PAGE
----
Before Wolf requested the Joint Session, he had asked for a special session. Wolf explained that he now wants a Joint Session rather than a special session in a September 16th news release. Wolf stated the following, “After consultation and discussion with legislative leaders, I believe we share the view that we can make the most profound and positive impact for the people of Pennsylvania by dealing with this issue as part of the remainder of the 2015-16 Legislative Session through a Joint Session, rather than calling a Special Session… I want to thank the House and the Senate for their dedication to ensuring that those suffering from the disease of addiction are getting the treatment that they need. However, we can and should, do more. I look forward to continuing to work with the legislature to continue to address this epidemic that we all care deeply about.”
According to the news release, a Joint Session is more “timely and efficient” than a special session. In order for a special session to take place, bills would have to be introduced again, and co-sponsor memos would need to be circulated. Wolf would not see each individual bill for at least 6 legislative days. In addition, there would have to be special session committees that would look over each new bill. Then, each new bill would have to be voted on in the House or Senate. The entire process would take two weeks or more.
Some bills that deal with the drug crisis were previously passed in both the House and the Senate during the present legislative session. These bills should be at Wolf’s desk quicker than they would be if a special session were to take place. According to a news release which explains why Wolf is asking for a Join Session, “A four caucus workgroup has been working diligently throughout the summer to build consensus on these bills, and we are hopeful that by calling for a joint session, we can move many of these to the Governor’s desk for signature without further delay.”
The goals that Wolf hopes to accomplish through the legislative session include the following: “require doctors and prescribers to check the Prescription Drug Monitoring Database every time they prescribe, increase education about opioid and pain management for current and future medical professionals, limit the quantities of opioids that can be prescribed in emergency rooms to a patient at one time, require insurance carriers to cover abuse deterrent opioids at the same cost as their non-abuse deterrent counterparts, add opioid misuse to existing public school curriculum on drug and alcohol abuse, and establish a voluntary directive for patients who don’t wish to receive opioids in their medical care.”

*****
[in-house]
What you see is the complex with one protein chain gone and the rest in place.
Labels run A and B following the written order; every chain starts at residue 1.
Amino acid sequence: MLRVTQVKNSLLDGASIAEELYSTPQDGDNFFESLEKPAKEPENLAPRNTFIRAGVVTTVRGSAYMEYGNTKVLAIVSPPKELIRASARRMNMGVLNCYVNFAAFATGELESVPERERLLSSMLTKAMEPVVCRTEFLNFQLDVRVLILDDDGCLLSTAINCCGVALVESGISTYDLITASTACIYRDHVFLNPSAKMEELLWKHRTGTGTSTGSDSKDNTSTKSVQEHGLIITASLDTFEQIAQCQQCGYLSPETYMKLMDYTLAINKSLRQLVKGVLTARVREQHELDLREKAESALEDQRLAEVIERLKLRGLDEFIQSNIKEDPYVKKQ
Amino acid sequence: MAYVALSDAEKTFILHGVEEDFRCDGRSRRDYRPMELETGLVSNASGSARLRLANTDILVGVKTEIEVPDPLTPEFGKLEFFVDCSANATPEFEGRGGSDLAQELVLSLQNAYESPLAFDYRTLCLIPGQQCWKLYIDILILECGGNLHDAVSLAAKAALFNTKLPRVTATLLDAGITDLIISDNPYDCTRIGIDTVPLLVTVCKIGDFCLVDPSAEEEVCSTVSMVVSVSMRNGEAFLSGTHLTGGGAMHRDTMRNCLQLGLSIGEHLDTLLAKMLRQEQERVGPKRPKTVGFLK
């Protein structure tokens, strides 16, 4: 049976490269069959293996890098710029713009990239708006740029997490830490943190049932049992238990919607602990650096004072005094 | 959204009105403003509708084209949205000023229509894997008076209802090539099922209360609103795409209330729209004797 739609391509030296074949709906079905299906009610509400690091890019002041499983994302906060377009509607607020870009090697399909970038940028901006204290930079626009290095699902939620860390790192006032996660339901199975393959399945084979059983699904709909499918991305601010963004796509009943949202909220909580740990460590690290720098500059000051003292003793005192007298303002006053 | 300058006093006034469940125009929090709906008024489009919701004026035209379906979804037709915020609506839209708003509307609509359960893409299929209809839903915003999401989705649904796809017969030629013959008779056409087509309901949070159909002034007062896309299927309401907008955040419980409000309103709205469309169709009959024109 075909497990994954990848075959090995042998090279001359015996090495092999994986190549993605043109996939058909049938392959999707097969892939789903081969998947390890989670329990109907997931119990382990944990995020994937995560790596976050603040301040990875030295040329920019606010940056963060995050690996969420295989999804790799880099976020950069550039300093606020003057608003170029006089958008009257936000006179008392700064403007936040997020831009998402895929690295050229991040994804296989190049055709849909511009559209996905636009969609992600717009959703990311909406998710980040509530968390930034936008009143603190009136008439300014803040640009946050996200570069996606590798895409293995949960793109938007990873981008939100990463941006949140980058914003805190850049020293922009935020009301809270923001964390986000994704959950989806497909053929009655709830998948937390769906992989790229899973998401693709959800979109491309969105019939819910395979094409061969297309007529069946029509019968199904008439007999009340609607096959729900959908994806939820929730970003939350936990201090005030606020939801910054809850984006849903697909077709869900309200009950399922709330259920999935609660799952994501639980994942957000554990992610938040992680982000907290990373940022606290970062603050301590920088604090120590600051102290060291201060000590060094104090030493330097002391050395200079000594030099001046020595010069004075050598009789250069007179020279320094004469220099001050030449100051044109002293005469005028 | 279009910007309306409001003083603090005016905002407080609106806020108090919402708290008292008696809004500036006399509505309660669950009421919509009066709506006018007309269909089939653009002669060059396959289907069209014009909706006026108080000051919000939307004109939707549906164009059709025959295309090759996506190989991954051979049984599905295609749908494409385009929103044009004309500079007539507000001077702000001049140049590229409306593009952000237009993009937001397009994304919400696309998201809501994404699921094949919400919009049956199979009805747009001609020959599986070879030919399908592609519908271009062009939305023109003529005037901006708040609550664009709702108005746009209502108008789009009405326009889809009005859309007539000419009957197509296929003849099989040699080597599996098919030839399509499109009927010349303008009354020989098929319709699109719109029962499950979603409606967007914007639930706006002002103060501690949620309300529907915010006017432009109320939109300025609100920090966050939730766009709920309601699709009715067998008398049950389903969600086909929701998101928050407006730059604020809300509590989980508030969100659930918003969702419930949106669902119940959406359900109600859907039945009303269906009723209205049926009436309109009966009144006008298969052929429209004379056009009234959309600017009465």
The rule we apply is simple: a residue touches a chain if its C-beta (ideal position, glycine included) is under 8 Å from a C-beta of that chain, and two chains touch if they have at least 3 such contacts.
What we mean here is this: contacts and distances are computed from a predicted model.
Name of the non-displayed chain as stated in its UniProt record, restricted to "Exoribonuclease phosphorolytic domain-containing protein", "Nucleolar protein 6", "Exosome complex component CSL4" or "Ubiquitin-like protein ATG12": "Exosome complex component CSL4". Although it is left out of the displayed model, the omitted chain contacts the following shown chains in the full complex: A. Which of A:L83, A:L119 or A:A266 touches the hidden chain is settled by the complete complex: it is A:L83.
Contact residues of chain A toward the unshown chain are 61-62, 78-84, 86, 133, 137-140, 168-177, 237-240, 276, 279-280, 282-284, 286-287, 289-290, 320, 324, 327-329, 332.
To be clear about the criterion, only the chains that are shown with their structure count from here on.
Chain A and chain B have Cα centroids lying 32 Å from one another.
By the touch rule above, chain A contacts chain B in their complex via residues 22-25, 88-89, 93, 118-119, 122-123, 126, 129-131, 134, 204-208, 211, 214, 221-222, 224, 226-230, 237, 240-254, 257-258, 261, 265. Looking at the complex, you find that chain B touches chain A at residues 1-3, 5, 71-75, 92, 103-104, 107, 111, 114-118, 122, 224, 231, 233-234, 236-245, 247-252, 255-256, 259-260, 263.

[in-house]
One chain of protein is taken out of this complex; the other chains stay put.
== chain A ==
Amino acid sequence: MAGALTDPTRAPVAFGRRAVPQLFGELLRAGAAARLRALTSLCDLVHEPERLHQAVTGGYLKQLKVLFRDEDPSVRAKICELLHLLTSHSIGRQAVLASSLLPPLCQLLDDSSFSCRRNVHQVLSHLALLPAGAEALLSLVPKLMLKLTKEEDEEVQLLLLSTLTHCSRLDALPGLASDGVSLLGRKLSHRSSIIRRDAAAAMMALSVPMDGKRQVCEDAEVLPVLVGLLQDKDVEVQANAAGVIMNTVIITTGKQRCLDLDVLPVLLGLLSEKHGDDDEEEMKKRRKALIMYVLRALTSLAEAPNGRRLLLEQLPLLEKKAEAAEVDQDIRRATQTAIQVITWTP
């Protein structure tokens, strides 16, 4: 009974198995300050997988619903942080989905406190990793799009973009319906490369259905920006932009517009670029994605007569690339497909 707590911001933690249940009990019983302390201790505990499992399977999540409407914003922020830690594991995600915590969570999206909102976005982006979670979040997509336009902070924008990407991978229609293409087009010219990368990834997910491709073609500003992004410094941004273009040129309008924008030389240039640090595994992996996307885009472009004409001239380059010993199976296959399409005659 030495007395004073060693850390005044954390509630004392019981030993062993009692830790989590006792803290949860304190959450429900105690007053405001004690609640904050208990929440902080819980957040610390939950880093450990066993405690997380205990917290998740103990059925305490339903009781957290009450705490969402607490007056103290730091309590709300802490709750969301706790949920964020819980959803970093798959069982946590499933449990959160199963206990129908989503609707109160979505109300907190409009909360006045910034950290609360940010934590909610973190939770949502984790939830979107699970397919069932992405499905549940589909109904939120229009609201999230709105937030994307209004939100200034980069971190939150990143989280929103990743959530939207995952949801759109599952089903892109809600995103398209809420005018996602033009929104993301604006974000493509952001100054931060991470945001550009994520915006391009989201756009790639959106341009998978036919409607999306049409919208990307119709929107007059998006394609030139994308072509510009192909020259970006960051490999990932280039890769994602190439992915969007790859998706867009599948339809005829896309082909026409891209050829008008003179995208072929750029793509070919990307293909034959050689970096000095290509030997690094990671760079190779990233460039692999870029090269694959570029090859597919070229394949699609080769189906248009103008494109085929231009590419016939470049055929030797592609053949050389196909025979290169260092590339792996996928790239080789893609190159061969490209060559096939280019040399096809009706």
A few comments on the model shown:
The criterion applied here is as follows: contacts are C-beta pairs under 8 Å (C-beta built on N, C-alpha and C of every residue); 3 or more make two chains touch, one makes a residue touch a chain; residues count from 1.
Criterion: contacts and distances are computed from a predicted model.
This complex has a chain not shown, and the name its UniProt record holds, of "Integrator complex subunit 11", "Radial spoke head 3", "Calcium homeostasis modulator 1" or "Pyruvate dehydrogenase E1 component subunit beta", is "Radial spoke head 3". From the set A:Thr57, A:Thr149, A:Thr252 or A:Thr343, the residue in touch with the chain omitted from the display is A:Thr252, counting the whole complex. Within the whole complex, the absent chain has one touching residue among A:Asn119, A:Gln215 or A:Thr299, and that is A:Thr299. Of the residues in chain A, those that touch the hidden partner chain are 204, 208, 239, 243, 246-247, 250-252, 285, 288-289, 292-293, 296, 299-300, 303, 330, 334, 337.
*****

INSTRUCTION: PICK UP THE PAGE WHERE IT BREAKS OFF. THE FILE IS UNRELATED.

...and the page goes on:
The next move would need to come from the Legislature before the Joint Session can take place. The Pennsylvania House will be back in session on Monday, while the Senate will be back in session in a week. According to Wolf, 10 people die of overdoses each day in Pennsylvania on average.
The Wolf administration has already made some efforts to battle the opioid crisis. Within the 2016-2017 budget is funding for 45 centers of excellence (COE) that can treat almost 11,000 people who suffer from substance abuse. The new Prescription Drug Monitoring Program was rolled out by the Pennsylvania Department of Health in August. In an effort to reduce painkiller abuse, there are also new guidelines regarding painkiller prescriptions. Finally, there is a Prescription Drug Take-Back Program in Pennsylvania that lets people dispose of unwanted and/or unused prescriptions in a safe manner. There are almost 520 take-back boxes at Pennsylvania police stations. Over 145,000 pounds of prescription drugs have been disposed of through the program since 2015.